Whether it’s to cleanse the blood, act as an anti-inflammatory, or simply to make pesto for an Italian feast, basil can be a valuable staple of an herbalist’s kitchen and a delicious way to ensure continued health. Though it’s easy enough to buy fresh basil at the store, it’s an herb that’s incredibly easy to grow at home as well. Growing our own basil not only provides us with the freshest plant possible but can also help us to save money over time. In this article, we will take ourselves to gardening school by learning how to grow fresh basil outside, in a pot, from a seedling.
Begin with the right growing season: Though growing season for basil varies by region and climate, in New England it’s ideal to begin growing after the last frost around May. The growing season can then last anywhere between three and six months depending on the local climate.
Use high quality potting soil: If you’re going to grow your basil in a pot, buying potting soil is a simple way to ensure that your plant flourishes. Be sure that your soil is pH balanced and contains both perlite and peat. When arranging the pot, be sure to place a layer of gravel at the base to ensure proper drainage.
Start with a seedling: Though you can of course grow your basil from a seed, if you’re new to growing then you may enjoy starting with a seedling—an already growing plant—for this ensures you a higher chance of success.
Place it in sunlight: Like many plants, basil benefits from getting ample sunlight each day to ensure its continued growth. Once you’ve planted your seedling, place your pot in a location that gets it at least six hours of sunlight per day.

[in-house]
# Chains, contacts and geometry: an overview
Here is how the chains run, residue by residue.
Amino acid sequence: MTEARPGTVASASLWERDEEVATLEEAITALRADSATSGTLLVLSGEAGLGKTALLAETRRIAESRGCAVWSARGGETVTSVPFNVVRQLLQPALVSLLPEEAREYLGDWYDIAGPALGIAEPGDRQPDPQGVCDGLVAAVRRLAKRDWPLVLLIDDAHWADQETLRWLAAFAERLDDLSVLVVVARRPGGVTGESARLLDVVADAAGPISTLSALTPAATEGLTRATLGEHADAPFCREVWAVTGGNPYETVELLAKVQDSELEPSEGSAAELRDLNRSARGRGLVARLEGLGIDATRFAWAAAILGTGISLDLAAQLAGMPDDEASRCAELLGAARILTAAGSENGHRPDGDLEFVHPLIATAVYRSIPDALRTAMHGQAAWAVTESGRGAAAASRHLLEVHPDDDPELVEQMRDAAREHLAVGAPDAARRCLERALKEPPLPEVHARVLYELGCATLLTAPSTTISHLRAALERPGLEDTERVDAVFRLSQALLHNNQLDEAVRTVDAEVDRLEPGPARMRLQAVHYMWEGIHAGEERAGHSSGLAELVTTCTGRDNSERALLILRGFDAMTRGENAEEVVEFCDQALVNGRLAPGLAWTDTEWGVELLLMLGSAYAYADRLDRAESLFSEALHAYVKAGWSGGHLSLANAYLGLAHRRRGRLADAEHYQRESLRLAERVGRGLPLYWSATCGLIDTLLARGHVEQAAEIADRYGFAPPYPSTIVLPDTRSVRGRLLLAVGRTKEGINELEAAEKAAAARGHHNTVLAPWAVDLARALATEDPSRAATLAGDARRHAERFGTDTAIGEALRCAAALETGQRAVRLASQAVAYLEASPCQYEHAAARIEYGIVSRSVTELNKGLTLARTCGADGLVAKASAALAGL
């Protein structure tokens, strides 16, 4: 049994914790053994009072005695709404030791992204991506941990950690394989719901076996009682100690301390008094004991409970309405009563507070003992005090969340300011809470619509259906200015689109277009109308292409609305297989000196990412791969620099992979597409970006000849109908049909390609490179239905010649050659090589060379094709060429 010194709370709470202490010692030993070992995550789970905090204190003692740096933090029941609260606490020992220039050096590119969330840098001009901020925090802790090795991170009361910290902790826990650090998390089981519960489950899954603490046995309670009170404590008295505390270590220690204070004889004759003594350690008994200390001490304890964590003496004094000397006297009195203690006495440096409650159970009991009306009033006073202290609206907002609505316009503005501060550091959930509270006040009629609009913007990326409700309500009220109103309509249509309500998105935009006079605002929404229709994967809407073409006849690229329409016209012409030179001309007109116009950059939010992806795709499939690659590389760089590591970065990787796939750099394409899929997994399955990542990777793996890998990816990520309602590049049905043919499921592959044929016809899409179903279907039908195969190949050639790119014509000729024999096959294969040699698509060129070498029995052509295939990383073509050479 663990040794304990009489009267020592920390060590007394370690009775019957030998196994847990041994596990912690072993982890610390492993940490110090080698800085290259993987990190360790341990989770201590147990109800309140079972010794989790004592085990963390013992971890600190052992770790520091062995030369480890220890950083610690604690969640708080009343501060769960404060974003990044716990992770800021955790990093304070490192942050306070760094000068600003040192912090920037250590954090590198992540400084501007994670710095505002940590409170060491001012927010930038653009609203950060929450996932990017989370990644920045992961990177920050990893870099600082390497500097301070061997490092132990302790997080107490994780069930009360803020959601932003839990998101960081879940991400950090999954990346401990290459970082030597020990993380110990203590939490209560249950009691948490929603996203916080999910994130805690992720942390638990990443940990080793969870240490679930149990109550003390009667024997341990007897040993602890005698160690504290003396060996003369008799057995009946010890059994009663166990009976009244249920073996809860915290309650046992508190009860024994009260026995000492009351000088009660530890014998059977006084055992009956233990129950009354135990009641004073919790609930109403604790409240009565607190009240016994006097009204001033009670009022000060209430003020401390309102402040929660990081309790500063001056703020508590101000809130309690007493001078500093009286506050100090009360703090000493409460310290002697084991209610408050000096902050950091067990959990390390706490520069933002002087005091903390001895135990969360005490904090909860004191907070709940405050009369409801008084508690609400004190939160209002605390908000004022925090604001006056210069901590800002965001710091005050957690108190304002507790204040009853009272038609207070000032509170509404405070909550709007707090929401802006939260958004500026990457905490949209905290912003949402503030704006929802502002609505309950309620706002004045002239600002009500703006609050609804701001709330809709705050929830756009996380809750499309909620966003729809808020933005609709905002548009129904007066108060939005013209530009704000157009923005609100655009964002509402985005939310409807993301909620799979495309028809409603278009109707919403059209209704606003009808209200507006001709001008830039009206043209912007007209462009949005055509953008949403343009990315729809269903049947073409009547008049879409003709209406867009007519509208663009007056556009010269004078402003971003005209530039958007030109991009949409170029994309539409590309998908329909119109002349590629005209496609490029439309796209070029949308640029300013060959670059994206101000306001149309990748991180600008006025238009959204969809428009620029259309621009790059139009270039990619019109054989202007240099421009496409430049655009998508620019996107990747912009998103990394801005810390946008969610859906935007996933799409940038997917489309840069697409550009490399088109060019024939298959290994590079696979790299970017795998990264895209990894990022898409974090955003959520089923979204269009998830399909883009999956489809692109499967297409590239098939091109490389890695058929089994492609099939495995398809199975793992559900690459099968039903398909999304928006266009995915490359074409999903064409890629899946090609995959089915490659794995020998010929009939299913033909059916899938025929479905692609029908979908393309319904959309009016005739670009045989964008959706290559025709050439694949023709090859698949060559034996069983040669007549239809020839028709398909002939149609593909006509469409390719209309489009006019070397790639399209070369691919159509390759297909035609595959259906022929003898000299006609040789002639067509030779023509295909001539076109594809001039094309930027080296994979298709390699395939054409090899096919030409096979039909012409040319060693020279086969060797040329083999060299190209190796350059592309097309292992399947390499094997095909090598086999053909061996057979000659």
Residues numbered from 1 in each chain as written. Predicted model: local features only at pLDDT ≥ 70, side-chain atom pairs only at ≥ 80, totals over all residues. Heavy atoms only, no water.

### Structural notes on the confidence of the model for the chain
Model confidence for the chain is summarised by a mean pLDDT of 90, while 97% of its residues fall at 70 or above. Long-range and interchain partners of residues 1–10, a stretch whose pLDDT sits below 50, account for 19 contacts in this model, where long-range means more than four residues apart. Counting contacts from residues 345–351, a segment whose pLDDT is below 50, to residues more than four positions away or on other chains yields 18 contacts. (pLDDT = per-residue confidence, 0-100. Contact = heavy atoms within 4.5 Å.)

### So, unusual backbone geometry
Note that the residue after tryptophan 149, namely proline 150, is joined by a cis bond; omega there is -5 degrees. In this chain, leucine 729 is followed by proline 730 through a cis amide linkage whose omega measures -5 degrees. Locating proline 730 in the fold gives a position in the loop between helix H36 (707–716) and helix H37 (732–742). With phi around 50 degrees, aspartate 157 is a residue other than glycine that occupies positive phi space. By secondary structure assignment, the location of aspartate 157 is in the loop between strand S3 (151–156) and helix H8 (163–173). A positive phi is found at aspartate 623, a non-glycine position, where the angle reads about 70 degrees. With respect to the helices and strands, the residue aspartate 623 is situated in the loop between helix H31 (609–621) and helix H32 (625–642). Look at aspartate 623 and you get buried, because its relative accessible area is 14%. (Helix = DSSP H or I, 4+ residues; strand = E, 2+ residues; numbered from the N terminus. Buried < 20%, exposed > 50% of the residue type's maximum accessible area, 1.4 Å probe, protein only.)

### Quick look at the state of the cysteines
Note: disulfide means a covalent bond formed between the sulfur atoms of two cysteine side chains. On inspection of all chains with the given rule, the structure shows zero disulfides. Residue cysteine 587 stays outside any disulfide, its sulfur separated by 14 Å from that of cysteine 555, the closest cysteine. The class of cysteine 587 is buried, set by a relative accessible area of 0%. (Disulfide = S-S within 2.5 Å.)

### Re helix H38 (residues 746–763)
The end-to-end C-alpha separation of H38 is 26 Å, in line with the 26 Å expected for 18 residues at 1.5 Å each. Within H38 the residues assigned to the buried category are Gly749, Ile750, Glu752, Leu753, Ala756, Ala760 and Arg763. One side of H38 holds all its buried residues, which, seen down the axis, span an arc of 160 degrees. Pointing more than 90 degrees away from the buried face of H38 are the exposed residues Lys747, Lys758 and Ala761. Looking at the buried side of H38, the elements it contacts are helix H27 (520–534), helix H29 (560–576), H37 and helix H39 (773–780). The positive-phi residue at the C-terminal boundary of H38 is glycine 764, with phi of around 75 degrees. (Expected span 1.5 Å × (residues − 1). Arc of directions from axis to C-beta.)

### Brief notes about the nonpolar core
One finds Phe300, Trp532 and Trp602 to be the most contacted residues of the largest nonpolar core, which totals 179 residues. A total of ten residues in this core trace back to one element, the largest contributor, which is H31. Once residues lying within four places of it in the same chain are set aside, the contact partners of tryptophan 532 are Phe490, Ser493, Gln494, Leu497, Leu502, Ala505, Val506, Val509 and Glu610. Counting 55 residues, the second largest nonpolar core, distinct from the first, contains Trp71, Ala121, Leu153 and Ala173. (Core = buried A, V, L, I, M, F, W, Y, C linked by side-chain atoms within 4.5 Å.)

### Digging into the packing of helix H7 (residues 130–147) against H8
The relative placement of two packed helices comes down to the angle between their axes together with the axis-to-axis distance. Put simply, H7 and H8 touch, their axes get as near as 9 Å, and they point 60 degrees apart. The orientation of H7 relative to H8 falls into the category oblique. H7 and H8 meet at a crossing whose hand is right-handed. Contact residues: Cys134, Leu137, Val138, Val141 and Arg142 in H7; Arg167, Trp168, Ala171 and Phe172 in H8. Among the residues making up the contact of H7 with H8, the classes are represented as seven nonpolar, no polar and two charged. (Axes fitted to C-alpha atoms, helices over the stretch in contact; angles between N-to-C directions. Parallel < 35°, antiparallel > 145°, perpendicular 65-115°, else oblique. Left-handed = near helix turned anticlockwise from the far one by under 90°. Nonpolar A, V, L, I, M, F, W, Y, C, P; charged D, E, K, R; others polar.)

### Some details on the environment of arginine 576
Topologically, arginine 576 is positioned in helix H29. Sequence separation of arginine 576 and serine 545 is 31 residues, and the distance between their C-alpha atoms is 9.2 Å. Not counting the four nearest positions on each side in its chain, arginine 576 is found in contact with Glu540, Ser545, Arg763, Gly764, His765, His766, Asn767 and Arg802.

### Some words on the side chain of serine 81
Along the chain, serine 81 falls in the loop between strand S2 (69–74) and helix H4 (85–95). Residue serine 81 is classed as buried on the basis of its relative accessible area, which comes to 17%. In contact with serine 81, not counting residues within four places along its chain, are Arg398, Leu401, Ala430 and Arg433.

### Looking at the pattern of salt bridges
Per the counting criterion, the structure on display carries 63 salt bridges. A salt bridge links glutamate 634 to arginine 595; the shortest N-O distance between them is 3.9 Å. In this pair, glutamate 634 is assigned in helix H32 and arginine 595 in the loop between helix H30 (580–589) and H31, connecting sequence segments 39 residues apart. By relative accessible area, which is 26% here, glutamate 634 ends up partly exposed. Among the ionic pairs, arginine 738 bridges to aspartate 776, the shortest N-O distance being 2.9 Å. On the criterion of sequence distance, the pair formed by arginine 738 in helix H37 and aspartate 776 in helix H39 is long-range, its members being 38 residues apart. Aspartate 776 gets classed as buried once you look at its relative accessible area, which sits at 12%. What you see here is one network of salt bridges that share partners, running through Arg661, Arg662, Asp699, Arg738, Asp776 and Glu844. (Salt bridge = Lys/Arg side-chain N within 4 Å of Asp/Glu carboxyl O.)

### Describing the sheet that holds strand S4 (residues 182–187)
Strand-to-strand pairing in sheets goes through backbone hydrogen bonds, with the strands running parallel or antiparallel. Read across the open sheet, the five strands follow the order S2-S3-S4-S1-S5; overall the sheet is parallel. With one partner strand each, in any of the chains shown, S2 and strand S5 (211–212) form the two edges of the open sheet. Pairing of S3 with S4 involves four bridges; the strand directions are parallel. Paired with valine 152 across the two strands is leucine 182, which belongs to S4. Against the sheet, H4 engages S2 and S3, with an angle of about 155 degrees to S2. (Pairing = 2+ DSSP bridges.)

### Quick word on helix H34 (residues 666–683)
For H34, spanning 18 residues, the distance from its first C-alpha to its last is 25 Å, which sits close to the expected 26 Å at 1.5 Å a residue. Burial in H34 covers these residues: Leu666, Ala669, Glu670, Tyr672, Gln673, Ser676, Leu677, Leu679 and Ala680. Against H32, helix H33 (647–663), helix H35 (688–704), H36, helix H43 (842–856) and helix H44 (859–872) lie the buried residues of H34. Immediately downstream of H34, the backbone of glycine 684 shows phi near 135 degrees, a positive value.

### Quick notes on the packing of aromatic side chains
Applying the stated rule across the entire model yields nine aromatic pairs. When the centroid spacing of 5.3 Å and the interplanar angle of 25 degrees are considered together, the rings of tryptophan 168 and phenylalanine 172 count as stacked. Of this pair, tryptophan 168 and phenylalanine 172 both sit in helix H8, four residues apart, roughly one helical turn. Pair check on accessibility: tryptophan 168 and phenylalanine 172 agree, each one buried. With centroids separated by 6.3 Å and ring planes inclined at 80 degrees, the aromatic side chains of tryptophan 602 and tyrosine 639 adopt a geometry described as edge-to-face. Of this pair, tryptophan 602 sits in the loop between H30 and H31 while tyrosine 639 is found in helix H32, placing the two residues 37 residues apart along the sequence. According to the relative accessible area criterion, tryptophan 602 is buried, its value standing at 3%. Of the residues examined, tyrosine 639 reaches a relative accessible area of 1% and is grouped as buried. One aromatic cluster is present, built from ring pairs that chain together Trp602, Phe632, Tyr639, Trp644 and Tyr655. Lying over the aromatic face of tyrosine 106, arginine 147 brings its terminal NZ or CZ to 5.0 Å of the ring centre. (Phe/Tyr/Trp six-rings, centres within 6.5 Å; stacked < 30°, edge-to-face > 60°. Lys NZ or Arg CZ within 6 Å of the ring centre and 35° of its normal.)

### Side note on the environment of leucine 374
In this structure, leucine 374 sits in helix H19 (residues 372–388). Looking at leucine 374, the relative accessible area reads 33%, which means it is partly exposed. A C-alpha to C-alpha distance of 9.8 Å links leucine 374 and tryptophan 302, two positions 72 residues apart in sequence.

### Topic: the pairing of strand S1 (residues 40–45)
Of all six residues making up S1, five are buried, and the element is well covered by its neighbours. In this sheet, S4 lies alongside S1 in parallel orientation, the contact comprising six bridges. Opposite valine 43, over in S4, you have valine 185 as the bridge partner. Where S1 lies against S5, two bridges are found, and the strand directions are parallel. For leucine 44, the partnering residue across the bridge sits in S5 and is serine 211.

Water regularly: With basil, it’s important to water the plant often enough to keep the soil moist but not damp. Typically, this means watering it every one to two days. Be sure to water at the base of the plant and not the stalk or leaves.
Harvest: As the plant grows, it will start to form pairs of leaves. Once the plant is about a foot tall, it will grow more and more pairs. It is ideal to start harvesting the plant when there are at least four sets of leaves, and you can remove the leaves by simply pinching them off the main stem of the plant.
Prune: To keep the plant from falling over and remaining in good health, be sure to remove the necessary components as needed. This includes pinching off the flowers that form at the top of the stem and removing dead or poorly growing branches from the plant.
Herbalism doesn’t have to be expensive, nor do the herbs have to always be imported from far away. By growing your own basil, you can introduce yourself to the rewarding life of an herbalist. You can find more information about the herb basil in this article. If you would like to take your herbal studies to the next level, we invite you to learn more about our online programs here.